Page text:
How To Read Your Electrical Panel
Like most of us, you probably take the electricity in your home for granted. But if something goes wrong, it’s important to understand how to read and use your electrical panel.
If you’ve ignored the mysterious gray metal box, afraid opening it and touching it could cause disaster somewhere in your home, it’s time to demystify its contents.
Start by finding the electrical panel
The electrical panel is a gray metal box flush mounted to the wall. It’s commonly installed in a utility room, garage, laundry room, basement, or hall closet. It may also be outside if you can’t find it inside.
Open it and take a look inside
Once you open the electrical panel box cover, you’ll see two columns of switches. Each switch is connected to a zone and sends power to a specific circuit in your home. In some cases, these switches were labeled at the time of installation. There may be tags located near the switches, or on the inside of the breaker panel door with numbers matching their corresponding switches. The labels may refer to specific appliances or to zones within your home.
What if the switches aren’t labeled
If the switches in your electrical panel aren’t labeled, you should take the time to test and label each circuit for future reference. Labeling them makes it easy to tell which switch controls which circuit in your home, and makes it easier to shut off a circuit for repair, or to turn it back on in case the circuit trips.
The easiest way to label your electrical panel is to work with one switch at a time. Turn off all the circuit except one. Walk through your house and check for lights and outlets that still work. Bring a small electronic device with you to quickly test each outlet. Work room by room, testing, and labeling as you go. Repeat the process until every switch is properly labeled. Keep in mind that some of your major appliances may have a circuit all to themselves.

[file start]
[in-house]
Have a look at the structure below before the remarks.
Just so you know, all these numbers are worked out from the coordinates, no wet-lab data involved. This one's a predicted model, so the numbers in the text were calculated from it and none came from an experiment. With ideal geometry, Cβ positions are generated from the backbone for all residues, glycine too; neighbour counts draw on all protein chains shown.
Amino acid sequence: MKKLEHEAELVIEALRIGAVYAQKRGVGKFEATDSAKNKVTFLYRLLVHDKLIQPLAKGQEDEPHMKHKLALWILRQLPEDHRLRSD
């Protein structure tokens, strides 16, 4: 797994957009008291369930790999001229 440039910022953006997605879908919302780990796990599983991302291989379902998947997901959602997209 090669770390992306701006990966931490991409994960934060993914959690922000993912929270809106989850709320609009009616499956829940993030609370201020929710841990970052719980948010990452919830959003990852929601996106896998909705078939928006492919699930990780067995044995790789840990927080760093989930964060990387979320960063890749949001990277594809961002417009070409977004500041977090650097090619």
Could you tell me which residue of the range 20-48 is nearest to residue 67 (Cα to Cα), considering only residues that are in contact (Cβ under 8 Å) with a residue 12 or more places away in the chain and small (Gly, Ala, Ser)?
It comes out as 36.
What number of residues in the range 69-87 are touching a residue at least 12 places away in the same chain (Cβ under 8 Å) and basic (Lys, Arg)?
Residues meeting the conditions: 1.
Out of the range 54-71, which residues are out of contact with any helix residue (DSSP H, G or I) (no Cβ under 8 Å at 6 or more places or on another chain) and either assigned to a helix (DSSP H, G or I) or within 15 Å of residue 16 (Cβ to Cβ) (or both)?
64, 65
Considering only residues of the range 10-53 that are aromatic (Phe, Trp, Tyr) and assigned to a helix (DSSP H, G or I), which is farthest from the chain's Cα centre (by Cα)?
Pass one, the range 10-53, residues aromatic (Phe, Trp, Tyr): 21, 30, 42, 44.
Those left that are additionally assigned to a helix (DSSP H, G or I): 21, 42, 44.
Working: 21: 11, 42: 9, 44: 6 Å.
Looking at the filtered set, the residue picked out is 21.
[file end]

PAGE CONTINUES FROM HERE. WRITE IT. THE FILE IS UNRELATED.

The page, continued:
Resetting a tripped breaker
When a circuit breaker trips, it means too much electricity has traveled through the circuit at one time. To reset the breaker, open the electric panel and look for the circuit switch that isn’t lined with the rest of them. Switch the breaker to the off position. Pause and return it to the on position. Your appliances and outlets should begin working again.
If a circuit continues to trip repeatedly, it’s an indication that something is wrong. It may be too many high-powered appliances on one circuit. It may be a faulty connection. It may be time for an upgrade, to ensure your electrical circuits are up to code and working properly.
For more help reading your electrical panel, give us a call.